IUCN threat status:

Least Concern (LC)


Read full entry

Laughing dove

The laughing dove (Spilopelia senegalensis) is a small pigeon that is a resident breeder in Sub-Saharan Africa, the Middle East east to the Indian Subcontinent. This small long-tailed dove is found in dry scrub and semi-desert habitats where pairs can often be seen feeding on the ground. A rufous and black chequered necklace gives it a distinctive pattern and is also easily distinguished from other doves by its call. Other names include palm dove and Senegal dove while in India the name of the little brown dove is often used. It was introduced in Western Australia and has established itself in the wild around Perth and Fremantle.


S. s cambayensis eating rice in Bhopal, India

The laughing dove is a long-tailed, slim pigeon, typically 25 cm (9.8 in) in length. It is pinkish brown on the underside with a lilac tinged head and neck. The head and underparts are pinkish, shading to buff on the lower abdomen. A chequered rufous and grey patch is found on the sides of the neck and are made up of split feathers. The upper parts are brownish with a bluish-grey band along the wing. The back is uniform and dull brown in the Indian population. The African populations senegalensis and phoenicophila have a bluish grey rump and upper tail coverts but differ in the shades of the neck and wing feathers while aegyptiaca is larger and the head and nape are vinous and upper wing coverts are rufous.[2] The tail is graduated and the outer feathers are tipped in white. The sexes are indistinguishable in the field. Young birds lack the chequered neck markings. The legs are red. The populations vary slightly in plumage with those from more arid zones being paler.[3] Abnormal leucistic plumages have been noted.[4]

The chuckling call is a low rolling croo-doo-doo-doo-doo with a rising and falling amplitude.[5]

Distribution and habitat[edit]

It is a common and widespread species in scrub, dry farmland and habitation over a good deal of its range, often becoming very tame. The species is found in much of Sub-Saharan Africa, Saudi Arabia, Iran, Afghanistan, Pakistan and India. It is also found in Israel, Lebanon, Syria, the UAE and Turkey (these populations may be derived from human introductions). They are mostly sedentary but some populations may make movements. Birds ringed in Gujarat have been recovered 200 km north in Pakistan and exhausted birds have been recorded landing on ships in the Arabian Sea.[3][6] The species (thought to belong to the nominate population) was introduced to Perth in 1889 and has become established around Western Australia.[7] Birds that land on ships may be introduced to new regions.[8]

Systematics and taxonomy[edit]

This species was described by Linnaeus who placed it in the genus Columba along with other pigeons. It was later placed in the genus Streptopelia but studies of molecular phylogeny indicated that this and the spotted dove stood out from the remainder of the Streptopelia species[9] leading to the use of an older genus name that has been used for the species by Carl Sundevall. Unfortunately Sundevall used the name Stigmatopelia senegalensis and Spilopelia for the spotted dove (he used the genus for chinensis as well as for suratensis and tigrina, which are now subspecies) on the same page of his 1872 book.[10] Some authors have argued that Stigmatopelia is the valid name as it has priority due to appearing in an earlier line on the page[11] but Schodde and Mason in their zoological catalogue of Australian birds chose Spilopelia citing clause 24(b) of the ICZN Code which supports the decision of the first reviser.[12]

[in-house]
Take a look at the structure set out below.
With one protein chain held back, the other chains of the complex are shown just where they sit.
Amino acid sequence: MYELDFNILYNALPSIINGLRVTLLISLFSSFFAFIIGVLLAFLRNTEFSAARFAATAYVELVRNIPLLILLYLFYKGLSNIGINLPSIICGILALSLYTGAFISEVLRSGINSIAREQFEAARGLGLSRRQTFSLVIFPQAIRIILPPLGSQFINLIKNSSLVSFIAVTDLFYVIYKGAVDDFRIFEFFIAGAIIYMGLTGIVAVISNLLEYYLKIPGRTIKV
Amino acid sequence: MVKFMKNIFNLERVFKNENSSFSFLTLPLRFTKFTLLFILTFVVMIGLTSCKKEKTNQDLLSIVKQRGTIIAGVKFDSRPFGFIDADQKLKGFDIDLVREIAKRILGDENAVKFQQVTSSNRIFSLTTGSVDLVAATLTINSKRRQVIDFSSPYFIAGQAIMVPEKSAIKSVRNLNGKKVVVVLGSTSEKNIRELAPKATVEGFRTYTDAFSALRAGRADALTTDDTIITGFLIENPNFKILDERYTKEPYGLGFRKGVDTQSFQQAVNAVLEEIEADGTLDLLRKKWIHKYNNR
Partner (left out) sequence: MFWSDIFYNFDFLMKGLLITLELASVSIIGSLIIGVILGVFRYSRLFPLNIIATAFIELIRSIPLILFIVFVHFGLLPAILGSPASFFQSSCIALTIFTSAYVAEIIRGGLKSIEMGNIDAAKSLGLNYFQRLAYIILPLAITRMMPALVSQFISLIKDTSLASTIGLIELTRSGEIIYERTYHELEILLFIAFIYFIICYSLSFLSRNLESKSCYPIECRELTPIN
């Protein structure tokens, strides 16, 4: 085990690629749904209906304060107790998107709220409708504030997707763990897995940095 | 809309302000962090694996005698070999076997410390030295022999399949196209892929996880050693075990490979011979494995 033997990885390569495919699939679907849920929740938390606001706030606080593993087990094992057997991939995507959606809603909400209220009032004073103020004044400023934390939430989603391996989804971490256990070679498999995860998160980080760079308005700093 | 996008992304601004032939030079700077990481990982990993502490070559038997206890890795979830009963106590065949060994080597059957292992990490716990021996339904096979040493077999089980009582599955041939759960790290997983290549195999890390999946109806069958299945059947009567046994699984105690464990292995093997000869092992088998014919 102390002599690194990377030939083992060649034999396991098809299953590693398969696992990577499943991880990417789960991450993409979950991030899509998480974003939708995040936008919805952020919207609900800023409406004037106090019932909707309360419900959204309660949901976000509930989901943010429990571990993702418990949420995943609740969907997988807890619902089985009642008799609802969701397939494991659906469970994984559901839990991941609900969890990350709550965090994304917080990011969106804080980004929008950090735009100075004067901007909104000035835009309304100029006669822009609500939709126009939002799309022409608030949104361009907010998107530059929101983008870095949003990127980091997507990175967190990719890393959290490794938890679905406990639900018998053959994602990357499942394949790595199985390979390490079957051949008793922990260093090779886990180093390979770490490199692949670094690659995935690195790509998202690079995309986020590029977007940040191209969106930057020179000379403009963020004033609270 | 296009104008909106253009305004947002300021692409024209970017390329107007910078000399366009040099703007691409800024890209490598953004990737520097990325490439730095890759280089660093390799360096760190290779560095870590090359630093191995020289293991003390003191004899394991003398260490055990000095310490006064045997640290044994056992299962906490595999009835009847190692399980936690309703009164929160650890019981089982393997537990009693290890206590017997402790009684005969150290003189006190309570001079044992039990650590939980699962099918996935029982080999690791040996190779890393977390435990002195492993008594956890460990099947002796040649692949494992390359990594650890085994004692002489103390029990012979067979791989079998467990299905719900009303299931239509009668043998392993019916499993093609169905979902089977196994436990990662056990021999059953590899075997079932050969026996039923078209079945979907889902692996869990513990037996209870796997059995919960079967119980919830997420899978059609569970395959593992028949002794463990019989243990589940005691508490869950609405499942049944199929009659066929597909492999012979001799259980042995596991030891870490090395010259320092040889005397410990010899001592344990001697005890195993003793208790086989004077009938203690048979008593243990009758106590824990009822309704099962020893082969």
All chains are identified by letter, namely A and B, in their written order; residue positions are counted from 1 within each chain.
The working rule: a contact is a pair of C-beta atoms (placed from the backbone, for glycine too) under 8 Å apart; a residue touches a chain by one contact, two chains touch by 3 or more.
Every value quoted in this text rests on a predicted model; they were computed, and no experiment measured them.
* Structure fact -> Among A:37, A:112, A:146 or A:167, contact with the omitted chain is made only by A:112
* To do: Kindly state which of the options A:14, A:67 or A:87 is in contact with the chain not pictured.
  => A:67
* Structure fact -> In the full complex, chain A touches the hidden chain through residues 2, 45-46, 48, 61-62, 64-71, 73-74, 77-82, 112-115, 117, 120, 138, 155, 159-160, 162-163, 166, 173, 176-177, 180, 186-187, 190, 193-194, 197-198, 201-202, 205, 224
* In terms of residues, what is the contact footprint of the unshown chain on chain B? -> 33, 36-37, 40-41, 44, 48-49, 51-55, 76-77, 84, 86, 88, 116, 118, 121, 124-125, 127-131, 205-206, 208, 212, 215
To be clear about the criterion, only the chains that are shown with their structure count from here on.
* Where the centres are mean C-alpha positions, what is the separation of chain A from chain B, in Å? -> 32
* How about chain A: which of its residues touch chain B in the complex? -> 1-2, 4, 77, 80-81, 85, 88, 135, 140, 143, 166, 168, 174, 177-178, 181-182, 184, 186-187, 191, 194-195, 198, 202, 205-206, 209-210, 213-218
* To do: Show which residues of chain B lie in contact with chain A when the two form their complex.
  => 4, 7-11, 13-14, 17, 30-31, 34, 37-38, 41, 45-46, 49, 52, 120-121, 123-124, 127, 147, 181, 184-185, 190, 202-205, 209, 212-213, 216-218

Feral S. s. senegalensis (Rottnest Island, Western Australia)

Several populations with minute plumage and size differences have been given the status of subspecies and these include:[13]

  • S. s. phoenicophila (Hartert, 1916) : Morocco, Algeria, Tunisia
  • S. s. aegyptiaca (Latham, 1790) : Nile valley
  • S. s. senegalensis (Linnaeus, 1766) : Senegal and Nigeria including aequatorialis (Erlanger, 1904)
  • S. s. cambayensis (Gmelin, 1789) : India
  • S. s. ermanni (Bonaparte, 1856) : Afghanistan and Turkestan
  • S. s. sokotrae (Grant, 1914) : Socotra Island
  • S. s. dakhlae (Meinertzhagen, 1928) : Dakhla oasis, Libya (usually included in phoenicophila)
  • S. s. thome (Bannerman, 1931) : Sao Thome Island (but may possibly be an introduced population)

Behaviour and ecology[edit]

Call of S. s. cambayensis (Dindigul, India, Feb. 2006)

Problems playing this file? See media help.
Sonogram of call (South India)

The species is usually seen in pairs or small parties and only rarely in larger groups. Larger groups are formed especially when drinking at waterholes in arid regions. Small numbers assemble on trees near waterholes before flying to the water's edge where they are able to suck up water like other members of the pigeon family.[14] Laughing doves eat the fallen seeds, mainly of grasses, other vegetable matter and small ground insects such as termites and beetles.[15][16] They are fairly terrestrial, foraging on the ground in grasslands and cultivation. Their flight is quick and direct with the regular beats and an occasional sharp flick of the wings which are characteristic of pigeons in general.[3]

Eggs, Collection Museum Wiesbaden
Nest on an olive tree with a typical clutch of two eggs, Djerba island

The male in courtship display follows the female with head bobbing displays while cooing. The male pecks its folded wings in "displacement-preening" to solicit copulation form the female. A female accepts by crouching and begging for food. The male may indulge in courtship feeding before mounting and copulating. Pairs may preen each other.[17] Males may also launch into the air with wing clapping sounds and then glide down in a gentle arc when displaying. The species has a spread out breeding season in Africa. Almost year round in Malawi and Turkey;[18] and mainly May to November in Zimbabwe, February to June in Egypt and Tunisia. In Turkey they breed In Australia the main breeding season is September to November.[7] The nest is a very flimsy platform of twigs built in a low bush and sometimes in crevices or under the eaves of houses. Both parents build the nest with males bringing the twigs which are then placed by the female. Two eggs are laid within an interval of a day between them and both parents take part in building the nest, incubating and feeding the young. Males spend more time incubating the nest during the day.[19] The eggs are incubated after the second egg is laid and the eggs hatch after about 13 to 15 days.[3][20] Nesting adults may feign injury to distract and draw predators away from the nest.[21] Multiple broods may be raised by the same pair in the same nest. Seven broods by the same pair have been noted in Turkey.[17] The young fledge and leave the nest after about 14 to 16 days.[22][23] The Jacobin cuckoo sometimes lays its egg in the nests of the laughing dove in Africa.[24]